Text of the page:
Today the news is that Dennis Ritchie died. Dennis Ritchie may be unknown to most people, he may not get accolades from politicians, but he was a far more important person in the IT world. He created the C programming language, which is simply the most significant, influential programming language there is. After 40 years (which is a grand epoch in IT time), a variant of C (Objective-C) is still used for most Mac software and iPhone software. Untold IT students and programmers carried around a well-worn copy of a book co-authored by Ritchie, The C Programming Language, which is THE book which got us into C and serious programming.

Ritchie also was a co-creator of Unix, the operating system that has morphed into Linux and Mac OS X.

In 1983, Ritchie was co-awarded the Turing Award. This is the Nobel Prize of computing.

 

Thursday, 29 September 2011

Accessing Library Folder in Mac OS X 10.7 (Lion)

By default you can't see your Library folder in Finder in Mac OS X 10.7, also known as Lion. Fortunately there are several ways to access it sill. My favourite is this one:

Holding down the Option key will show the “Library” directory as an option in the Finders Go menu. The other nice thing about the Go menu is that after you have accessed ~/Library on multiple occasions, it will start to appear in the “Recent Folders” submenu for easy repeat access.

Access library lion

Read more ways here.

Wednesday, 28 September 2011

Mac + Chrome + Facebook + Writing a Message = Crash

For the last couple of weeks, I couldn't write multi-line messages in Facebook on Google Chrome on Mac OS X. Some other web sites also had this problem. If I persisted in trying too much, then the browser tab would crash.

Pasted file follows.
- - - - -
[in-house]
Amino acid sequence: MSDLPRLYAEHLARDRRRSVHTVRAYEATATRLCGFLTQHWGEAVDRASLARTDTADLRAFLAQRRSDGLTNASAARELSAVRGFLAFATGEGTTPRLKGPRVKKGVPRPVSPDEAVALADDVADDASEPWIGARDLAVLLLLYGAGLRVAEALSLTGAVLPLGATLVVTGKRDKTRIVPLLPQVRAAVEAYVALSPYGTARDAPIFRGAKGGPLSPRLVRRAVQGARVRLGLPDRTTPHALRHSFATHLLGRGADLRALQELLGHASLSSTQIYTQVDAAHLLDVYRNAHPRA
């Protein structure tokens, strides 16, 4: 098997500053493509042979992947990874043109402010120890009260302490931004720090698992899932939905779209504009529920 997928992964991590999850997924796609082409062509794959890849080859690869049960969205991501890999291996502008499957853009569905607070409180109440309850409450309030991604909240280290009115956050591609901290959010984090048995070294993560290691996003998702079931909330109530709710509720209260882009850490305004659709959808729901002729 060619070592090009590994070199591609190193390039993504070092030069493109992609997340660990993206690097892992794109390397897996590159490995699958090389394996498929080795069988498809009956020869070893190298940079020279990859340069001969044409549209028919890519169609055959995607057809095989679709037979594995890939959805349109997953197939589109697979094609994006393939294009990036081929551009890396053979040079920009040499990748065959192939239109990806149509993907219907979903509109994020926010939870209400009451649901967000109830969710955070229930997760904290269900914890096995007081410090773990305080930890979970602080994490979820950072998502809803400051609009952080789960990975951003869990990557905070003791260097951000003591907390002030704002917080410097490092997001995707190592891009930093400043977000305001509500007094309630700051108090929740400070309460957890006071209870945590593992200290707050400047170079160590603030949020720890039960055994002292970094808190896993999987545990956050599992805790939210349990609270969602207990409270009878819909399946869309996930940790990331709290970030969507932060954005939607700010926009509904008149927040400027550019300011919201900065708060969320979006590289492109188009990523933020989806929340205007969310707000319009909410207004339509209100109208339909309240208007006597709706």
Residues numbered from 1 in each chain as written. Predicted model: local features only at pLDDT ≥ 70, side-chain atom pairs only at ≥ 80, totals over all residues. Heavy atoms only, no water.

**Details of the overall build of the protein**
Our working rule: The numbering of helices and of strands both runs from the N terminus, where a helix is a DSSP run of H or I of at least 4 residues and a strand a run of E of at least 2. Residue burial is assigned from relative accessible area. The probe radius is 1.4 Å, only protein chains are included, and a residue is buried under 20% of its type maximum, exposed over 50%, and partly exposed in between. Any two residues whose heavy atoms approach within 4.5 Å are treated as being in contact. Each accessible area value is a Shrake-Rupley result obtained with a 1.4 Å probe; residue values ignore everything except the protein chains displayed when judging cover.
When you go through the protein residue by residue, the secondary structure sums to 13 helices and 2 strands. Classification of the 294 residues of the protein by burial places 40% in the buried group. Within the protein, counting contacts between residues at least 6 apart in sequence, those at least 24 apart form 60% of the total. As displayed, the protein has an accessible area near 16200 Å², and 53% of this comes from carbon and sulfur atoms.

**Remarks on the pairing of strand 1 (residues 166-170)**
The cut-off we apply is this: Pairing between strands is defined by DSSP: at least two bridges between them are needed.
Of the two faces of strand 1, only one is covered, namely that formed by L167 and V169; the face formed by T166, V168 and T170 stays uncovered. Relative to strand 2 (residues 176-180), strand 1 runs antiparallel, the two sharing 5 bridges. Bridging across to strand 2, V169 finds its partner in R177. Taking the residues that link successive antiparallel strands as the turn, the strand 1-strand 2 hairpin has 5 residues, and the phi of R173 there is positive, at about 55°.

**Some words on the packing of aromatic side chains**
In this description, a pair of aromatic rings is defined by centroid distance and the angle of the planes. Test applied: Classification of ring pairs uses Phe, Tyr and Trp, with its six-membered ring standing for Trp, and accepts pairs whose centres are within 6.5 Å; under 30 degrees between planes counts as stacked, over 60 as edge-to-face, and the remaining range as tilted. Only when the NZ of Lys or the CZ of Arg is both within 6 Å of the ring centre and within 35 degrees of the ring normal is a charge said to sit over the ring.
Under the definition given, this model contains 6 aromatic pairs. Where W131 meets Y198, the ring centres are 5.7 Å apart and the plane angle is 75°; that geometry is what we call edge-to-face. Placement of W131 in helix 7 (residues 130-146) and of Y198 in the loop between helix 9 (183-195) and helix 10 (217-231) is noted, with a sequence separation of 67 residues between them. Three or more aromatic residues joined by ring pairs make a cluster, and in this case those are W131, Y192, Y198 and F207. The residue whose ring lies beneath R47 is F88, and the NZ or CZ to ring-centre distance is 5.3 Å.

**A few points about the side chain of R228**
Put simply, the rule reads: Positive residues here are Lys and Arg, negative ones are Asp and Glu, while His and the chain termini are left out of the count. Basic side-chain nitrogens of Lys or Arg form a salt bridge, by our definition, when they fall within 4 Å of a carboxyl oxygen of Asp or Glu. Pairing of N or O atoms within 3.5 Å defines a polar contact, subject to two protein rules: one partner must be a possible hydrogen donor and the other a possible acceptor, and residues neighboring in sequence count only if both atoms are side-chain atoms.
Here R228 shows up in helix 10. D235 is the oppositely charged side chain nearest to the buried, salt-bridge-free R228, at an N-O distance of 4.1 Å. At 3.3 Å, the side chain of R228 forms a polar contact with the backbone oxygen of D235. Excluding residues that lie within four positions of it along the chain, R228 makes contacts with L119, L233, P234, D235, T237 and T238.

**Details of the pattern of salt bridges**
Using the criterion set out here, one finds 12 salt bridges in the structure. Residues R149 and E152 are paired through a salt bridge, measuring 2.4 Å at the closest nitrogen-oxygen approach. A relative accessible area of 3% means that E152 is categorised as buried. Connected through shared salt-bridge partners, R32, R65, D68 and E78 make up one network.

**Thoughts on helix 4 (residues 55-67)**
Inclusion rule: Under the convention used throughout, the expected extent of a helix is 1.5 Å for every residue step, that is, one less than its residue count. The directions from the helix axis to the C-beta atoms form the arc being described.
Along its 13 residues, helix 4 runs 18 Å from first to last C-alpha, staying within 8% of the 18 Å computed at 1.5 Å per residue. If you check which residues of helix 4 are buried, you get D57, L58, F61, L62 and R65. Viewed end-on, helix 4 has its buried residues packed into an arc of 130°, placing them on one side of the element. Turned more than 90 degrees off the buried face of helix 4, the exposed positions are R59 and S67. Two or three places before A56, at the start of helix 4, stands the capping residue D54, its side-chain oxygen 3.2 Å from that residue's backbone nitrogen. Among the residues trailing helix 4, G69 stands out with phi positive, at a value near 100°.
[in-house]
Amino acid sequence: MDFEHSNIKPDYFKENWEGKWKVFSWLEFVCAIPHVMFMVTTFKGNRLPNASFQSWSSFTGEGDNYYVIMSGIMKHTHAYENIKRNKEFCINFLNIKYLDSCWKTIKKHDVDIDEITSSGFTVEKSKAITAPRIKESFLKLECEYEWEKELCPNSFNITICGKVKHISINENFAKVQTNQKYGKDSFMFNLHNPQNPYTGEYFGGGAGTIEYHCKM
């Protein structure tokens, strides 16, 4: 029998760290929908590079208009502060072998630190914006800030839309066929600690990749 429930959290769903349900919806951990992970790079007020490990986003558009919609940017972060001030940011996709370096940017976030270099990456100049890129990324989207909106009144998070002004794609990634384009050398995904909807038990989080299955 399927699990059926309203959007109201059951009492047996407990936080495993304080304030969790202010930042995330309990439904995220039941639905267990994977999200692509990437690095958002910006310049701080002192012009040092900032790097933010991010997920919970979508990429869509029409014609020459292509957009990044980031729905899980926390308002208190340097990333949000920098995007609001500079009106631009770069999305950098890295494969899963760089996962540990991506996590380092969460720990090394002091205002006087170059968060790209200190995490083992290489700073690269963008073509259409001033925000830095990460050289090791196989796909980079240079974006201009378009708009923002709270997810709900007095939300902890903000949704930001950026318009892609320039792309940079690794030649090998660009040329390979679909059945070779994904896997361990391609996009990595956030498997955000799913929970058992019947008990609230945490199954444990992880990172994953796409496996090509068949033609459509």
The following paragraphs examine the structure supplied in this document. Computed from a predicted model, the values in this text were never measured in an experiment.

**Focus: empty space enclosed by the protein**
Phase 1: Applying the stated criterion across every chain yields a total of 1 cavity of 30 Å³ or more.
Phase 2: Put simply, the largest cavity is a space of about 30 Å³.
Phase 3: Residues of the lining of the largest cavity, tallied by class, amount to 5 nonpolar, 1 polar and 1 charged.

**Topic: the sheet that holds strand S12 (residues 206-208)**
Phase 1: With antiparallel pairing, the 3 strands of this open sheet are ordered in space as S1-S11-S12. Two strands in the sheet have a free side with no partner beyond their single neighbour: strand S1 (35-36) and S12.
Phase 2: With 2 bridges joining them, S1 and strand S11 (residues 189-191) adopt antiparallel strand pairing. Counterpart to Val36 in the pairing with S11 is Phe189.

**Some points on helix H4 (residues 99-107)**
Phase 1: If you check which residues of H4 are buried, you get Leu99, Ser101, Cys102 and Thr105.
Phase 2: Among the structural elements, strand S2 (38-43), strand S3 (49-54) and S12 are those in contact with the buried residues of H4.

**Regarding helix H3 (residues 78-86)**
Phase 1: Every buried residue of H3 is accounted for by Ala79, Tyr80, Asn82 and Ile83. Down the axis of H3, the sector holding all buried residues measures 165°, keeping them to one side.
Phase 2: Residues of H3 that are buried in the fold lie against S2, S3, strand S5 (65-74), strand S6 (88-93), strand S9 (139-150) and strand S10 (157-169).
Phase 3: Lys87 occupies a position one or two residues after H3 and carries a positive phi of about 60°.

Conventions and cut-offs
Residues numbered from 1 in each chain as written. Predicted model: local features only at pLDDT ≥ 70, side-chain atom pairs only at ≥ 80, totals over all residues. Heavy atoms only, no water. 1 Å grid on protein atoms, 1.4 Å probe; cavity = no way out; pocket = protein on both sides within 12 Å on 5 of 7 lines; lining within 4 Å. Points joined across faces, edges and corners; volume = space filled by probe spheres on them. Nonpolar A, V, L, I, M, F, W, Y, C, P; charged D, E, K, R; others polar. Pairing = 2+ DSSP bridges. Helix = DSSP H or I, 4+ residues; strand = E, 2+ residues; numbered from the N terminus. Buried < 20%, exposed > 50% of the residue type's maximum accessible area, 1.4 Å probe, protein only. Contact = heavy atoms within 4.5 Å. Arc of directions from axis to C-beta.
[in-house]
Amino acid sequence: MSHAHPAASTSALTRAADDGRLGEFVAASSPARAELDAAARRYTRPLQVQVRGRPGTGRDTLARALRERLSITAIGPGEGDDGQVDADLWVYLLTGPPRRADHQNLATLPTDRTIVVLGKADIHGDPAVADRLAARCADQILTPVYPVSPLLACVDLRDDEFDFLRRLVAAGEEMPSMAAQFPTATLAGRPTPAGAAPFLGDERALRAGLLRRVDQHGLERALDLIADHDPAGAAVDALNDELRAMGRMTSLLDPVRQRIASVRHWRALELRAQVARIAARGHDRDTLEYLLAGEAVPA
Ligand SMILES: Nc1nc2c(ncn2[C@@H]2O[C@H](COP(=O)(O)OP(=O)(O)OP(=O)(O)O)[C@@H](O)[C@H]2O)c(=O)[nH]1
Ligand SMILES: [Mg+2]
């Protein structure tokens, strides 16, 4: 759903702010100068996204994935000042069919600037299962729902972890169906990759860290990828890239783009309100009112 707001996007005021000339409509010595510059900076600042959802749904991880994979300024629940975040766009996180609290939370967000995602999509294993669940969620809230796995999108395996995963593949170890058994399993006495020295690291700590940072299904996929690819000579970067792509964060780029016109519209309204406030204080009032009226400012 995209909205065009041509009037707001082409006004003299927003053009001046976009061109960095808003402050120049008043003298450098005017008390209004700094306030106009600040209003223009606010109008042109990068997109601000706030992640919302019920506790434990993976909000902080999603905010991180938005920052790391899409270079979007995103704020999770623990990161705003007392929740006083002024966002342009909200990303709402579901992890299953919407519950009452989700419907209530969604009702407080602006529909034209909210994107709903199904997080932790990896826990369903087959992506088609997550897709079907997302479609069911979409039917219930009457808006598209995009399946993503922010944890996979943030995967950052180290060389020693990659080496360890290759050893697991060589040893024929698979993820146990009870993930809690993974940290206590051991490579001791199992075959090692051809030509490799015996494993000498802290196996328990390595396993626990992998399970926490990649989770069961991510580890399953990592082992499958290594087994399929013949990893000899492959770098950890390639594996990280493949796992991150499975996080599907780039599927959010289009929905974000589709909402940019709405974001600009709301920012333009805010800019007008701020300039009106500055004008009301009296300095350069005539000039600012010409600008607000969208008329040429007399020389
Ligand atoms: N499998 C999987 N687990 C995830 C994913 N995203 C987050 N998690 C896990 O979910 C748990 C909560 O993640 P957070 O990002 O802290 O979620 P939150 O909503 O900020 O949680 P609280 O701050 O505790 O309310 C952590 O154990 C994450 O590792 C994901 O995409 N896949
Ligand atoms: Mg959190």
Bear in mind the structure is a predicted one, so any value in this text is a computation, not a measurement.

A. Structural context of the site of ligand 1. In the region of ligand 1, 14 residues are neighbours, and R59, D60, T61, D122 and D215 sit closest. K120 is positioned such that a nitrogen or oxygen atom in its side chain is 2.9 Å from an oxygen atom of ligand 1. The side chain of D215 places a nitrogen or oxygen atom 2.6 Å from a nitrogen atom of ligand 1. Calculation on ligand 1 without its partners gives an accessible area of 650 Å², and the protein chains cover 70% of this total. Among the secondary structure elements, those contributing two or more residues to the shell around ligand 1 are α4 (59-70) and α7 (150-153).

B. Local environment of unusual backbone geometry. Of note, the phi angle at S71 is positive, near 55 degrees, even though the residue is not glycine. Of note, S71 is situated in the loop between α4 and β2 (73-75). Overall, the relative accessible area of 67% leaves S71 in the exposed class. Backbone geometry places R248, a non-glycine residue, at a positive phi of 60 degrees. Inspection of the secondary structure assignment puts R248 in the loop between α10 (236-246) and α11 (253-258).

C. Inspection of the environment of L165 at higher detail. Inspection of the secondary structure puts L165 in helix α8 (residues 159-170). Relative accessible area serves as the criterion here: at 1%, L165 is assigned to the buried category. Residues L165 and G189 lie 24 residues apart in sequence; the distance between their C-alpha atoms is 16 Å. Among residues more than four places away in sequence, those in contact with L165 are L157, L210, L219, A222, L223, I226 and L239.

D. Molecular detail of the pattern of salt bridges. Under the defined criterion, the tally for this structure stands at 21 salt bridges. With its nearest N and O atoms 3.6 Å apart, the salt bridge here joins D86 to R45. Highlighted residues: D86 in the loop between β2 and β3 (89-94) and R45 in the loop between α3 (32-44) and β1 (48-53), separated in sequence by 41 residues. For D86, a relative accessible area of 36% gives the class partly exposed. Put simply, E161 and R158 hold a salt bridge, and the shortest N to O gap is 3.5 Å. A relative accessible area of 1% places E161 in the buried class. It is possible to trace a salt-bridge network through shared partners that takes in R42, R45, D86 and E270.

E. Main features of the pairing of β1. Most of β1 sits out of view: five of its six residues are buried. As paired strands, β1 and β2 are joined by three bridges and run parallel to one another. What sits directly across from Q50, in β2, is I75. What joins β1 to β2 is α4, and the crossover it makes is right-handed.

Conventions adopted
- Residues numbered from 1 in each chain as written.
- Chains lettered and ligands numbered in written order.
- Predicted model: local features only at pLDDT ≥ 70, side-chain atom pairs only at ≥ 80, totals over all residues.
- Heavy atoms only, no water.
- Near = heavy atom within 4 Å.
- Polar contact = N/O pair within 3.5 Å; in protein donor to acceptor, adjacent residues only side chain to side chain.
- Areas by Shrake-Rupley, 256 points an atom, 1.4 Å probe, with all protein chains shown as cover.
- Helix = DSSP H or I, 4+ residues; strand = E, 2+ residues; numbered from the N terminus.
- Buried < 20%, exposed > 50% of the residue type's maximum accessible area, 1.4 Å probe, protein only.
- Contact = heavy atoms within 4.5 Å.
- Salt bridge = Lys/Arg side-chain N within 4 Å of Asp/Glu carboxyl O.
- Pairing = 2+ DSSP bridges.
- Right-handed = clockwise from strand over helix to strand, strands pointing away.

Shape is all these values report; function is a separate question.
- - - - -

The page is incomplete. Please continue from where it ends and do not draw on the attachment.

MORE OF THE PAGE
I solved this by deleting my Google Chrome Profile. I did it as follows:

1) I closed Google Chrome

2) I opened Terminal, by typing Terminal into Spotlight, and opening the "Top Hit".

3) In Terminal I typed the following (use copy + paste):

rm -rf ~/Library/Application\ Support/Google/Chrome/

4) I pressed the enter key

It took several seconds to complete. Once it finished, I opened Google Chrome, and it acted like it was opened for the first time. Facebook now lets me enter multi-line messages without crashing.

 

Tuesday, 20 September 2011

The McGurk Effect

It sounds like the name of a bad teen comedy. Actually it is the name of a phenomenon whereby what you see can affect what you hear.

It's rather cool.

 

Joke of the Day

Stick through to the end. You won't regret it.

http://www.youtube.com/watch?v=3GWJC7tlYck

 

Monday, 19 September 2011

Bad JavaScript Bug and typing

Johan thinks I was unfairly bashing untyped languages in general in this post.

Here's how I think JavaScript (or an alternative) language should best handle the following code:

var s = '7';
var num = s * 5;

The virtual machine should now know that s is of type String. The virtual machine should now halt and report an error. You shouldn't be able to multiple a String by 5. Unfortunately JavaScript automatically tries to turn the string into a number, thereby giving us 35.

The following code should be necessary:

var s = '7';
var num = parseInt(s)*5;

I suggest this not because of one JavaScript problem. I suggest it because I've seen JavaScript continue to negatively surprise programmers for 12 years.

Here's my favourite example of the mysterious workings of JavaScript:

var s = '7' + 0; // s is a string containing '70'
var t = '7' - 0; // t is a  number containing 7